4 minute read
Malin Fezehai was the photographer behind the first iPhone picture to ever win a World Press Photo Award. Here, the visual journalist shares what it means to be in charge, and how she hopes to live a more sustainable life because of it.
As a photographer and visual journalist specializing in human-interest stories, Malin Fezehai’s work has taken her across the globe. Some stories she was drawn to include stories about climate refugees, people dislocated by war, and different rituals around the world.
From surfing in Senegal to climate displacement in the South Pacific, she uses her camera as a bridge to tell the stories of the countries, and people, we may not have the opportunity to meet. “I’ve probably worked in 30 countries across the world,” she says, “and during my travels, I have become aware of trying to travel in a more sustainable way, and minimizing my own carbon footprint and my own impact in the world.”
For Fezehai, this is what it means to take charge. “For me, taking charge means committing to making better choices for yourself, and the world around you.” Whether it’s traveling mindfully, opting for conscientious hotels, or taking simple steps such as carrying a reusable tote bag, for Fezehai it’s this dedication and determination that represents being in charge. Here, Fezehai tells us more about her work, the steps she takes to live a life more responsibly and ethically.
How do you think storytelling
can make sustainable living
a more tangible goal?
For me, storytelling is about creating awareness. It works like a bridge connecting you to people who are really different from you.
There are issues that you might not think are affecting you right now – but it’s through storytelling that you can connect with them. Ultimately storytelling is about connection and creating awareness, and when people know more, they’ll make better choices for themselves and the world around us.
What are some things
you do on a personal level
to live more sustainably?
So I travel a lot for work, but I don’t travel that much for myself. But when I do I try to find places where they care about sustainability. So right now we are at Uluwatu Surf Villas, which is one of my favorite places to stay here in Bali because they care a lot about sustainability. Their villas are made out of reclaimed wood that has been brought here from Java.
They are also conscientious about how they use water; each villa has a water catch system installed on the roof, and that means that when it rains, the water goes into these tanks and then goes through a filtering process and is used as shower and drinking water, which also means that there’s no bottled water in the villas. All the water that’s then used in the villas goes through another filtering system and becomes the water that they fertilize the grounds around herewith, for gardening.
Storytelling is about connection and creating awareness,
and when people know more, they’ll make better choices
for themselves and the world around us.
How are you
on a daily basis?
I’ve actually got really into surfing.
For me, it works as a metaphor for life. You’re on this board with a massive wave coming in behind you, and you’re just trying not to be overwhelmed.
And you just have to take charge of your body and get up on the board and life is like that too. Sometimes you just have these moments where you feel overwhelmed, but you just try to take charge and take control and make the best choices that you can make at that moment.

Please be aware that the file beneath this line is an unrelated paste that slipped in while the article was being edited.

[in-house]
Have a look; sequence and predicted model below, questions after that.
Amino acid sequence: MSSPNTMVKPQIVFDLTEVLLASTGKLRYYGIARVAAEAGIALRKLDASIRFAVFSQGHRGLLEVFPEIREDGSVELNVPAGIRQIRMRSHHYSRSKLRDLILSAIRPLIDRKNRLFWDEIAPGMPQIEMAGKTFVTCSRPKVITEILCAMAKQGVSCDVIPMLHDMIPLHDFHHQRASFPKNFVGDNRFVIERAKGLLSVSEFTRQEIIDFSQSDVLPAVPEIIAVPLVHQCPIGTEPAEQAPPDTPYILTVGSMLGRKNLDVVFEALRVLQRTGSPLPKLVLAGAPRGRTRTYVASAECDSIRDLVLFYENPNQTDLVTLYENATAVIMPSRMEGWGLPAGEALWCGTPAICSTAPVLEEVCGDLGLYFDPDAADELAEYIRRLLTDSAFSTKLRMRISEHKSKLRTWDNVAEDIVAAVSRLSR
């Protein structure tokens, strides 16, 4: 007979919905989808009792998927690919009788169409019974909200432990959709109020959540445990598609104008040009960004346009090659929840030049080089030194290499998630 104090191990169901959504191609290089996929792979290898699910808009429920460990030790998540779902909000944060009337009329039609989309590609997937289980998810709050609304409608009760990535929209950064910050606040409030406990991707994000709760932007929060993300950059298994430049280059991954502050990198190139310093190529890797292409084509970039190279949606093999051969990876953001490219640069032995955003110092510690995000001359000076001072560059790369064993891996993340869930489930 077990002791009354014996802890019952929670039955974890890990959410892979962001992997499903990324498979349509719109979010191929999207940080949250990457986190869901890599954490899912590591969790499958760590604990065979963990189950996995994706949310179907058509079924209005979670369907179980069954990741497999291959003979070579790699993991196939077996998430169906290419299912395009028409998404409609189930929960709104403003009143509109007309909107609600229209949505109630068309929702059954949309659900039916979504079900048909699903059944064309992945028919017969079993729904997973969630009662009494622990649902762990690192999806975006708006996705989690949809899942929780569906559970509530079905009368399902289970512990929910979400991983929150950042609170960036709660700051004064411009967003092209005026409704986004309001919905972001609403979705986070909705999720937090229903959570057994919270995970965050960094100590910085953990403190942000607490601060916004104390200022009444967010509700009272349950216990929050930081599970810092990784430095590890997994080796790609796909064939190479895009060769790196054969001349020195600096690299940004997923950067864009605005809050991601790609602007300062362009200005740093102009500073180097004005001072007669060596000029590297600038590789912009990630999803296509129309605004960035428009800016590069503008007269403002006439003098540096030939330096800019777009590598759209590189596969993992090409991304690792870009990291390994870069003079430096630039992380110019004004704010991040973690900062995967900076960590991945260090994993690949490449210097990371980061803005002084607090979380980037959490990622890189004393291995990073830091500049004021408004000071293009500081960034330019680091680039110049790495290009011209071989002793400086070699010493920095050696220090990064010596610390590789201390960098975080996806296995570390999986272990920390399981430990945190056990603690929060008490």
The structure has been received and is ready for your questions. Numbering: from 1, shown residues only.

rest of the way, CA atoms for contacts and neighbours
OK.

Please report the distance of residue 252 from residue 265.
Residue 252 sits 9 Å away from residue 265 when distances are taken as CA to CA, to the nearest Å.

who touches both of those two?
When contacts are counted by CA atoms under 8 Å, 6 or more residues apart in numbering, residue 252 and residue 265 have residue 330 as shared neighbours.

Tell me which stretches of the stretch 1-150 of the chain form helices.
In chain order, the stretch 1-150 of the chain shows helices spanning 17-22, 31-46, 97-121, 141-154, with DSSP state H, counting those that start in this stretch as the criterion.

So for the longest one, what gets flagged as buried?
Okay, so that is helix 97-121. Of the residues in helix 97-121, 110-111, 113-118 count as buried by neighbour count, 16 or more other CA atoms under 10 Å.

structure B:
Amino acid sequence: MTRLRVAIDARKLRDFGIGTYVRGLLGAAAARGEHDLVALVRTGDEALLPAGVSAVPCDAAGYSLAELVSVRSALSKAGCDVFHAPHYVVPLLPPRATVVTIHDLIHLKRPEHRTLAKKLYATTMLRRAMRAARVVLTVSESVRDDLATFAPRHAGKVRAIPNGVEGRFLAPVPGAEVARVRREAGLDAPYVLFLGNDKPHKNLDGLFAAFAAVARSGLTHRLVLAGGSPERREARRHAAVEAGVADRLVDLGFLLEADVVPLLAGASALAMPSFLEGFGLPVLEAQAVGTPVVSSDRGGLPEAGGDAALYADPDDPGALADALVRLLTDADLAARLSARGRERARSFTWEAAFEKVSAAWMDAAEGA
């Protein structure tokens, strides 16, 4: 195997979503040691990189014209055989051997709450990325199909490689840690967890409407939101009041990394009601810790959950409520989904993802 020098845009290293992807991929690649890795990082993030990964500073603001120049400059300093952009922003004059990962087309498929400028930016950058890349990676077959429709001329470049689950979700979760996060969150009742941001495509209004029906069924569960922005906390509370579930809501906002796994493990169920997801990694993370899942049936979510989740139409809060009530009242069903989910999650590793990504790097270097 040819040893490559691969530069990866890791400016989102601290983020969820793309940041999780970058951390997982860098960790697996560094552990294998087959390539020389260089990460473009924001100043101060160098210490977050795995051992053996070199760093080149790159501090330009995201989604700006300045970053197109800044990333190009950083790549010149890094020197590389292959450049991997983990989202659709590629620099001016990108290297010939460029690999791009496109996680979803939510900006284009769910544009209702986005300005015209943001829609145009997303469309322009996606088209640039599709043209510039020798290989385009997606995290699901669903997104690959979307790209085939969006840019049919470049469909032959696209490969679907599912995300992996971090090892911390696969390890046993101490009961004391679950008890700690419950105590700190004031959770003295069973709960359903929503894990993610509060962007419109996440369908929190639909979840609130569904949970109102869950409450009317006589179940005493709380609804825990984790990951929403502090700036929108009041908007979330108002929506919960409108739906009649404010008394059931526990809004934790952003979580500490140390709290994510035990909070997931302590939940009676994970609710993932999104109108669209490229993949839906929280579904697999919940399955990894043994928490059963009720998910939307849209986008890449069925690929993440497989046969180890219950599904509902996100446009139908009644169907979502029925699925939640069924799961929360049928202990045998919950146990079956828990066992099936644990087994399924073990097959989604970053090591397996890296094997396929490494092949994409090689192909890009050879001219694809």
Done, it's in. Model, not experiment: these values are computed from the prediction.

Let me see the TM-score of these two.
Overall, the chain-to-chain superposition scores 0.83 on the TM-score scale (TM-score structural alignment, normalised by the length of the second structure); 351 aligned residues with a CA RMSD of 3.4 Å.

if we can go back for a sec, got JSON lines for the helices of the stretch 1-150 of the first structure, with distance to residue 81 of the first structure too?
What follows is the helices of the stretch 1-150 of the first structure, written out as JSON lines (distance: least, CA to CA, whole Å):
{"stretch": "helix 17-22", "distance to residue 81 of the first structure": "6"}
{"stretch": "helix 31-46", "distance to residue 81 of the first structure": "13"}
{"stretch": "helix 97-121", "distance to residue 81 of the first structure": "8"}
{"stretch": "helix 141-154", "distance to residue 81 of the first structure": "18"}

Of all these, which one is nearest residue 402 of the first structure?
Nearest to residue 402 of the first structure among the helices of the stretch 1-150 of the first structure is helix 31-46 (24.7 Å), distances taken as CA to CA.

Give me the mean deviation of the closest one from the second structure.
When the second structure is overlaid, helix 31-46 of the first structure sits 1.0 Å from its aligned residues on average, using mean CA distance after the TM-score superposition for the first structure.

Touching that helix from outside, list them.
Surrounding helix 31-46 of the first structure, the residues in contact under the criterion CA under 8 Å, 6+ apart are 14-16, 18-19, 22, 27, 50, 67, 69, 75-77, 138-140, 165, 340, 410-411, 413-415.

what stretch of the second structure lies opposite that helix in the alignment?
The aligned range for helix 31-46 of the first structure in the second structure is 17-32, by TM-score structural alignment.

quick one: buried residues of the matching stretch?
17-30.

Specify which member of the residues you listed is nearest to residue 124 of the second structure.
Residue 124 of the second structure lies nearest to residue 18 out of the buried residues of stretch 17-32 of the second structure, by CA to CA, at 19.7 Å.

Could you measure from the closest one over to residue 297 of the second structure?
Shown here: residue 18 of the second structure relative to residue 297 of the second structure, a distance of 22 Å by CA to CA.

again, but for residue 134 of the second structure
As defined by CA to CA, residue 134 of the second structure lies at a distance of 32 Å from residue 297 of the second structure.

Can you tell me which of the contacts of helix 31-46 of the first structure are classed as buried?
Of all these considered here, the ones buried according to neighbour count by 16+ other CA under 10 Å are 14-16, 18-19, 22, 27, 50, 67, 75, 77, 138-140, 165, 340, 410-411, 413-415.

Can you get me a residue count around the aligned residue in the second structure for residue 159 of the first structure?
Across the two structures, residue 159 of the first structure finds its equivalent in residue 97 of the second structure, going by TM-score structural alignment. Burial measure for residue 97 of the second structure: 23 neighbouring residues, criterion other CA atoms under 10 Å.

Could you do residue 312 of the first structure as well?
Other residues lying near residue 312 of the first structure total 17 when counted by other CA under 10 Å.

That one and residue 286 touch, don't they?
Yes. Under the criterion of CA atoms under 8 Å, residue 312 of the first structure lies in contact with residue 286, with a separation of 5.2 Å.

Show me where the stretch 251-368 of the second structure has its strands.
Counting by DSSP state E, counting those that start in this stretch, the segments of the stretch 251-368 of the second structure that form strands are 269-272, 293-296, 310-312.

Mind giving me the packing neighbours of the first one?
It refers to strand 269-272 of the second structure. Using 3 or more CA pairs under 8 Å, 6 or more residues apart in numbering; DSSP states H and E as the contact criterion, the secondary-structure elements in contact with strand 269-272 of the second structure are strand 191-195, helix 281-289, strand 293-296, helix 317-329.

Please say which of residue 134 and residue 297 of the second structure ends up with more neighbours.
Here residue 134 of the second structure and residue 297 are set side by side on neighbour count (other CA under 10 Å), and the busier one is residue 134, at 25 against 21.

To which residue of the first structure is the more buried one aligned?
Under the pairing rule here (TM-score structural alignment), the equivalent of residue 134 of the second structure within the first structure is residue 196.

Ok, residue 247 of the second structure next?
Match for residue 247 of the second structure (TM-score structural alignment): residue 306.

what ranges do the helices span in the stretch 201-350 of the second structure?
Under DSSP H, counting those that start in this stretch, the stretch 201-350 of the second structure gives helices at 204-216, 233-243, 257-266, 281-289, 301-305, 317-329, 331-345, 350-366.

What kind of challenges
do you face at work?
Have you had moments
where you’ve had to take
charge to achieve
something you believe in?
To work in photojournalism and documentary, you need to have conviction. And that means that you really have to be passionate about the story that you’re trying to tell.
I always tell younger photographers to focus on what they are really interested in, and really commit to the story idea. You’ll have moments where you’re afraid that you might not get the content that you want, and you’ll have to surrender to the story yourself and let it take you where it wants to take you.
And you just have to commit to being really persistent with bringing a story to life, and commit to the stories that you’re trying to tell.
What does taking
charge look like to you?
For me, taking charge means committing to something. It means committing to making better choices for yourself, and the world around you.
How to travel more
to Malin Fezehai
01. If you need to fly somewhere, I would try to find a direct flight, to try and minimize the number of flights you’re taking.
02. Try to look at alternative ways to get there – are there train options or more eco-friendly ways of traveling?
If you’re going on a road trip, rent a car that’s fuel-efficient.
03. Carry a water bottle with you (and try not to use plastic bottles). Plastic is a big problem, especially in developing countries. Fabric tote bags are also a better alternative to plastic bags.
04. Shop locally; try to visit local businesses, avoid big chains and international produce that’s being imported.
05. Try to stay in an eco-friendly hotel or a hotel that’s conscientious about the community around them, and is supportive to the locals.
06. Try to be conscientious about how you visit somewhere. Tourism can be really beneficial to communities, but I think we need to be mindful about how we visit places because when places become flooded with visitors, it can sometimes ruin the reason why people wanted to visit there in the first place. So be mindful about where you stay and how you interact with the community.
Milan Fezehai has shared her thoughts on taking charge and sustainable travel for the launch of Hyundai’s new electric vehicle line-up, IONIQ.